Strategies:

1. Native IPv6 routing:

•  Without MPLS. Needs IPv6 support on all network devices and configuration of all of them. No MPLS benefits.

2. Native IPv6 routing and MPLS over IPv6:

•  Replication of the IPv4/MPLS scheme for IPv6 traffic. Needs IPv6 and MPLS support on all devices and configuration of all of them.

3. Use the existing IPv4/MPLS infrastructure to forward IPv6 traffic:

3.1 IPv6 Provider Edge Routers (6PE): 6PE or edge routers of the IPv4/

MPLS cloud must be dual-stack and support Multiprotocol-BGP

3.2 IPv6 over a Circuit Transport over MPLS: Dedicated interfaces are created using static circuits configured over MPLS (AToM or EoMPLS). No configuration changes on routers of the MPLS cloud. Static and not scalable mechanism.

3.3 IPv6 Using Tunnels on the Customer Edge Routers: User s routers are in charge of creating 6in4 tunnels between IPv6 networks, transparently to the IPv4/MPLS cloud. Static and not scalable mechanism.

05/04/11

Training Location 55

6PE: Strategies

05/04/11

Training Location 56

6PE: IPv6 Provider Edge Routers

Defined on RFC4798

Communication between the remote IPv6 domains over IPv4 MPLS IPv4 core network

•  Uses MPLS label switched paths (LSPs)

•  This feature relies on multiprotocol BGP extensions in the IPv4 network configuration on the provider edge (PE) router to exchange IPv6 reachability information in addition to an MPLS label for each IPv6 address prefix to be advertised

PE Edge routers

•  Are configured to be dual stack running both IPv4 and IPv6

•  Uses the IPv4 mapped IPv6 address for IPv6 prefix reachability exchange

05/04/11

Training Location 57

6PE

6PE-1 learns from 6PE-2 through MBGP the following:

Prefix Next-Hop Tag-IPv6

------- -------- --------

2001:db8:3::/64 ::FFFF:IPv4-2 tag-2

2001:db8:4::/64 ::FFFF:IPv4-2 tag-1

05/04/11

Training Location 58

3: Translation

When an IPv4-only system needs to communicate with an IPv6-only system, translation is required

Can be done at various layers

Network layer

•  Rewrite IP headers

Transport layer

•  Use a TCP relay

Application layer

•  Use an application layer gateway (ALG)

Ideally avoid translation

•  Use IPv4 to speak to IPv4 systems and IPv6 for IPv6 systems

05/04/11

Training Location 59

Translation scenarios

Generally when deploying IPv6-only network elements and you need them to communicate with IPv4-only systems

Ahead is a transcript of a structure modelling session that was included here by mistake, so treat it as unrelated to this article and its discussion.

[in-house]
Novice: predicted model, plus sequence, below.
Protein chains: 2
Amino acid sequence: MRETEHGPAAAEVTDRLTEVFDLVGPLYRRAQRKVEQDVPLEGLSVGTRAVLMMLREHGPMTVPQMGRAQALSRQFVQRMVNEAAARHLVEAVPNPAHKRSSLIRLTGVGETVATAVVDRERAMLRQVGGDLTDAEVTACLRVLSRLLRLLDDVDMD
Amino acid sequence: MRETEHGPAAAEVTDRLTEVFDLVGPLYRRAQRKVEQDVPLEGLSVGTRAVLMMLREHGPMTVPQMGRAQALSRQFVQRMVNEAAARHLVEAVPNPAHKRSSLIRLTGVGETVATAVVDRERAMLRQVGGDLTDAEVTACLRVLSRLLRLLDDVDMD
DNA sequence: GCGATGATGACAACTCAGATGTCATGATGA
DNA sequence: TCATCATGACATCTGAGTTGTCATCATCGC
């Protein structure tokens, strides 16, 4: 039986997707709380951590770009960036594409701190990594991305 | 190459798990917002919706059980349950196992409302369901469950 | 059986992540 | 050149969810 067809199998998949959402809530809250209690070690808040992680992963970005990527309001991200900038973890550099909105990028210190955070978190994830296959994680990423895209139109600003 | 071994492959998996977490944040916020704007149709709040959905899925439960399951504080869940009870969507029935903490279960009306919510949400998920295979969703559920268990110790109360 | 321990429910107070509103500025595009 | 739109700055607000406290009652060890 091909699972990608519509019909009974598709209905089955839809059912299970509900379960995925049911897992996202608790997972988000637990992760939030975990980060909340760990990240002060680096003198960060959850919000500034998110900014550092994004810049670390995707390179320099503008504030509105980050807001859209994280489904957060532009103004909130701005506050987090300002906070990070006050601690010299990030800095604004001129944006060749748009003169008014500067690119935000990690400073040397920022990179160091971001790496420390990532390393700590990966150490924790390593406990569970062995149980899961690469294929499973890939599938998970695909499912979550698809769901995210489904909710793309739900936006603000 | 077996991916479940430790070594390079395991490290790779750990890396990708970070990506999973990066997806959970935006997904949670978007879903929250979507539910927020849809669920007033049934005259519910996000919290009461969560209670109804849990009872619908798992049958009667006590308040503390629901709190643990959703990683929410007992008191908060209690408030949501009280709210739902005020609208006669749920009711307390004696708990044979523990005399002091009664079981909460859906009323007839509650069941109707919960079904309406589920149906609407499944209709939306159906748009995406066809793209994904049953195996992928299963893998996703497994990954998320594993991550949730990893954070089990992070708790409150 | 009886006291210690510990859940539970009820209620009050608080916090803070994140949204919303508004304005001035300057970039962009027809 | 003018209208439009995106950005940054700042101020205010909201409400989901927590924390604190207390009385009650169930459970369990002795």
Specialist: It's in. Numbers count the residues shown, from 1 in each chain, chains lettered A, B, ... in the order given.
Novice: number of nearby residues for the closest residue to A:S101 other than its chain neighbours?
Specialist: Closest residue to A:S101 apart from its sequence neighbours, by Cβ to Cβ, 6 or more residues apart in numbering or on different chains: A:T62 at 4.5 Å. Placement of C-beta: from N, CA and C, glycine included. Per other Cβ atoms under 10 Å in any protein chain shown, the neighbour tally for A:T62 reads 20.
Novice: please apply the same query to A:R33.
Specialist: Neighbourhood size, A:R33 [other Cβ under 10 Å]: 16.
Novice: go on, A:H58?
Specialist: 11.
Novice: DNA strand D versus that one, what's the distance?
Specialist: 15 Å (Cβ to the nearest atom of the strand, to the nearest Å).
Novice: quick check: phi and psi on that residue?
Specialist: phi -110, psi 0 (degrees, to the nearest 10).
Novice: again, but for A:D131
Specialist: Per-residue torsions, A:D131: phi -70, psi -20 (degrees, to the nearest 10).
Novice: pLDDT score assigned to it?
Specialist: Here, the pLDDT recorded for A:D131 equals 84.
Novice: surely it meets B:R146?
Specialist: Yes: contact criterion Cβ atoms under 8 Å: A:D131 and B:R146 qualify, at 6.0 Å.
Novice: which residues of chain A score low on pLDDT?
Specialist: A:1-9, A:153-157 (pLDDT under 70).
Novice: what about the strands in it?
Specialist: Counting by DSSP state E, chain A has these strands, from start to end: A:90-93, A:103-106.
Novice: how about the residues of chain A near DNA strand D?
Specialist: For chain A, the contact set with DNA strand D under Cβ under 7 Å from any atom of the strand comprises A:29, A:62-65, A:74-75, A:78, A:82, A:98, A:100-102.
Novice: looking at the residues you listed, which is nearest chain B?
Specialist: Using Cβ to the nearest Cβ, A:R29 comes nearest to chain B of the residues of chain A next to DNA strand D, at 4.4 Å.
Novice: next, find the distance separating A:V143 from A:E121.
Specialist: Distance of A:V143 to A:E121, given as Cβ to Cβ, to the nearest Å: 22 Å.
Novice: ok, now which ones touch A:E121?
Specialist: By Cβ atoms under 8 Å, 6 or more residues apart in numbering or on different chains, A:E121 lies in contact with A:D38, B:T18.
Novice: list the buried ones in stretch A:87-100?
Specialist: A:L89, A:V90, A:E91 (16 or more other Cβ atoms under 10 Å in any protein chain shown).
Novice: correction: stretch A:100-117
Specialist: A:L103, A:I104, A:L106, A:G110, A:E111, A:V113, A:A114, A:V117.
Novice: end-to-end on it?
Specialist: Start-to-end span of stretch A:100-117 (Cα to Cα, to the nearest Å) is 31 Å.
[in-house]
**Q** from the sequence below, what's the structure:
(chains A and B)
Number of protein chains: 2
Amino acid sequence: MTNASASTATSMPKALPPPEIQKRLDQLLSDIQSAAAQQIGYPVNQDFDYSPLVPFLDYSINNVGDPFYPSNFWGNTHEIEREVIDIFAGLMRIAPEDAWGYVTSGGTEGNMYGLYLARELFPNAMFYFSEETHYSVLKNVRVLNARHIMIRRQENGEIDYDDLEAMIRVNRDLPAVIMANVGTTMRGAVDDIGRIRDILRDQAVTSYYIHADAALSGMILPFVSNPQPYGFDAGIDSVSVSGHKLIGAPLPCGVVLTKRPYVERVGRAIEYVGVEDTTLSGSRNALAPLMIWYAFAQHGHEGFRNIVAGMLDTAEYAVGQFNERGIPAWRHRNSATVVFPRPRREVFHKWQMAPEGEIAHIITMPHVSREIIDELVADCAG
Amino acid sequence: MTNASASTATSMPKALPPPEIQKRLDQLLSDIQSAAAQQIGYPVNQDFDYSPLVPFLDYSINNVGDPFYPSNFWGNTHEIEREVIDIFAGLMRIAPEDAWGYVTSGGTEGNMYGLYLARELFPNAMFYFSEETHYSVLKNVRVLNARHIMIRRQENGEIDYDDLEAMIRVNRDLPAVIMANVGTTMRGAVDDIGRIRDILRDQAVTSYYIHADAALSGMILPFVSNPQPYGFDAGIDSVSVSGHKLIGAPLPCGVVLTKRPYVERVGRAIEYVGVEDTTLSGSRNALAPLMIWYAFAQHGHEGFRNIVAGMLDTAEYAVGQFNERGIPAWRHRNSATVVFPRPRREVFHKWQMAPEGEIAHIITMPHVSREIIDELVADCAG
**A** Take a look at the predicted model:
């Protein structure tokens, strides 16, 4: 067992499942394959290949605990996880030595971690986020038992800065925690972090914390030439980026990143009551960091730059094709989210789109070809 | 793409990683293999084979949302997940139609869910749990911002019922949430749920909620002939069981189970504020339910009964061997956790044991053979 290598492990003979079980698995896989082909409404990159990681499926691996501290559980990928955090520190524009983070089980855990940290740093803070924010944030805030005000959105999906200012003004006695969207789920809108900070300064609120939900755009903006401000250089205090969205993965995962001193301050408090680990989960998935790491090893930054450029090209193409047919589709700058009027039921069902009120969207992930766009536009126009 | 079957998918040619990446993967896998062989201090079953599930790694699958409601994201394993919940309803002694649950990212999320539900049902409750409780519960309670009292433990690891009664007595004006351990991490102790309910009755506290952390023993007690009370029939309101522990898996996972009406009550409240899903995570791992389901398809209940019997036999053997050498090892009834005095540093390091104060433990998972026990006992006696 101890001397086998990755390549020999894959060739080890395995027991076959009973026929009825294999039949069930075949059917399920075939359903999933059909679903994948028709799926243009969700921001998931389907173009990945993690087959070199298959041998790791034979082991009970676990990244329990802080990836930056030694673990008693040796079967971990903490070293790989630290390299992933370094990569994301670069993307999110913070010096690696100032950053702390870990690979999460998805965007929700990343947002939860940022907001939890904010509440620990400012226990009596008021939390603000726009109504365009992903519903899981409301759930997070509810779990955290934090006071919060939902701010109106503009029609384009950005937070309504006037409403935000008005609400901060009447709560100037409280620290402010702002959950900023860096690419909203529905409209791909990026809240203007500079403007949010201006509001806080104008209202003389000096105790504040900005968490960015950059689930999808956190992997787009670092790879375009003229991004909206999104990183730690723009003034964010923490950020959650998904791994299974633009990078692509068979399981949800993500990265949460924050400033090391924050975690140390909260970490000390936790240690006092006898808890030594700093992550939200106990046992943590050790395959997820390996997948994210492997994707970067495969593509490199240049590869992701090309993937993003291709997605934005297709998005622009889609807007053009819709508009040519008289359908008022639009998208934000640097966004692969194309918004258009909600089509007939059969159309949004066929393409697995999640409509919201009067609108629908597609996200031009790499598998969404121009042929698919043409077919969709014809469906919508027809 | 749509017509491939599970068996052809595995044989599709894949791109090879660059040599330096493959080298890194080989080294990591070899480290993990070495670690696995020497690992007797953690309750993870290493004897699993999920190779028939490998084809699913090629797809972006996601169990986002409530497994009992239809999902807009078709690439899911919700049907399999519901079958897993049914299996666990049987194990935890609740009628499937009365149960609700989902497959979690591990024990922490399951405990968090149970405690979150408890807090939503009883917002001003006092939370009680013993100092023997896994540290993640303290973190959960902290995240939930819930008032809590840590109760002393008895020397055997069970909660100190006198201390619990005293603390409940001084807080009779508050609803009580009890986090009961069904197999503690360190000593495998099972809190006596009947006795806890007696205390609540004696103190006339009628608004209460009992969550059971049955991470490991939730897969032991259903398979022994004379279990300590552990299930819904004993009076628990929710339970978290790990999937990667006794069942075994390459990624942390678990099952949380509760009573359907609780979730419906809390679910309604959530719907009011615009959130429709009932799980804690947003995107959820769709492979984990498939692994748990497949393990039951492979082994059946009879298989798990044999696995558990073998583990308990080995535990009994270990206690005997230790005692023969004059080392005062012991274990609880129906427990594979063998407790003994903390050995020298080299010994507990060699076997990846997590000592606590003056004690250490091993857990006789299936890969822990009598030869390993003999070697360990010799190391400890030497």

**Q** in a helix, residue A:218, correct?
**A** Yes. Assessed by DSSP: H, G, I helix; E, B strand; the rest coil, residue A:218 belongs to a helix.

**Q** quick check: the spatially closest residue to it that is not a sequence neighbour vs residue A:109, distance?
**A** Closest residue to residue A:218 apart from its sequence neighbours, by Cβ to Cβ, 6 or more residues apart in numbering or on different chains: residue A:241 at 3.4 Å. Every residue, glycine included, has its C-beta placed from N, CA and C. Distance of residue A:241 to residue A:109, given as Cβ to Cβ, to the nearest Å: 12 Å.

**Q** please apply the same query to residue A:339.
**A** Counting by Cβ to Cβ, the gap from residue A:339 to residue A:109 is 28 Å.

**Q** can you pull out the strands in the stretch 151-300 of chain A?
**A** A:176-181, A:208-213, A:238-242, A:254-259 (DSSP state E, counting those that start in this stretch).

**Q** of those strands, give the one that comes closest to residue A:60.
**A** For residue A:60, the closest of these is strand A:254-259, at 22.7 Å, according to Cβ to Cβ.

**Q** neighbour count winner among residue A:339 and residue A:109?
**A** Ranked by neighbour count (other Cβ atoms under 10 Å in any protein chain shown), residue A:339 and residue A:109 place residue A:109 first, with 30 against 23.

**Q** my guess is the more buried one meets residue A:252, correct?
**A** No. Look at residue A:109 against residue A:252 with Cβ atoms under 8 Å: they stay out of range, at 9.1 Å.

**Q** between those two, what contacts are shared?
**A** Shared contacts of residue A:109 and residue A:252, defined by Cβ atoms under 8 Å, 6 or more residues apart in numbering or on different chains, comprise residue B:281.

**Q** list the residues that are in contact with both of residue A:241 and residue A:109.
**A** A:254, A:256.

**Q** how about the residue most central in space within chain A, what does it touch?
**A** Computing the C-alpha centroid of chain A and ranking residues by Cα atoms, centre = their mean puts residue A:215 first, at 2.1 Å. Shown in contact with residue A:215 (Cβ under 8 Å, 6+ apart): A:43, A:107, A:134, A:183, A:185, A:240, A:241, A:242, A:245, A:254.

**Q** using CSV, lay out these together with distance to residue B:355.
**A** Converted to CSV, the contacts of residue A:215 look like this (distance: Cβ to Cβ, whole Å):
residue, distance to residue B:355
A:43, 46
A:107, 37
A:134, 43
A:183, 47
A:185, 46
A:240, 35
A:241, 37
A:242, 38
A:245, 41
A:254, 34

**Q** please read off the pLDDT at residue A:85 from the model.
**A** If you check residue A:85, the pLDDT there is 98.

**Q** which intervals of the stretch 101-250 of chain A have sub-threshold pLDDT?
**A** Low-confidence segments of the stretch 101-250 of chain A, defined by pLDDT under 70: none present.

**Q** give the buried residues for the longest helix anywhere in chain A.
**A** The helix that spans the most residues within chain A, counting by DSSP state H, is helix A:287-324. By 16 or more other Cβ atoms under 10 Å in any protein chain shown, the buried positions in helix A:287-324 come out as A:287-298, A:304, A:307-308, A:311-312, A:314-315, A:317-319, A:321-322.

•  Legacy applications that cannot be ported to support IPv6

  Or perhaps source code not available

•  Legacy IPv4-only operating systems

  For example Windows 98

•  Legacy IPv4-only hardware

  Printers

05/04/11

Training Location 60

Network layer: NAT-PT

Network Address Translation - Protocol

Translation

•  Defined in RFC2766

•  Like IPv4 NAT, but with protocol translation

Uses Stateless IP/ICMP Translation (SIIT)

•  Defined in RFC2765

•  SIIT defines algorithms to translate between the IPv4 and IPv6 header fields, where it s possible

NAT-PT extends SIIT with IPv4 address pools

•  IPv4-to-IPv6 and IPv6-to-IPv4 supported

05/04/11

Training Location 61

NAT-PT topology

05/04/11

Training Location 62

NAT-PT and DNS

Internal network IPv6 only

DNS ALG watches for IPv6 (AAAA) DNS queries, and translates to IPv4 (A) queries

When IPv4 DNS response comes back, DNS

ALG maps the result to an IPv6 address

•  <IPv6-prefix>:<IPv4 address>

•  A special NAT-PT IPv6 prefix is taken from the IPv6 network s address space

Querying host now uses an IPv6 destination that NAT-PT maps to real IPv4 destination

05/04/11

Training Location 63

NAT-PT downsides

Has all shortcomings of IPv4 NAT, and more

•  IP addresses may be embedded in payload (e.g. FTP)

•  DNS considerations are complex

Can use from IPv4 network into IPv6 network

•  If enough IPv4 global addresses available to advertise special NAT-PT prefix addresses externally

It s considered a last resort mechanism

•  NAT-PT has been deprecated historical within the

IETF (see RFC4966 for details)

05/04/11

Training Location 64

Transport layer: TRT

Transport Relay Translator (TRT)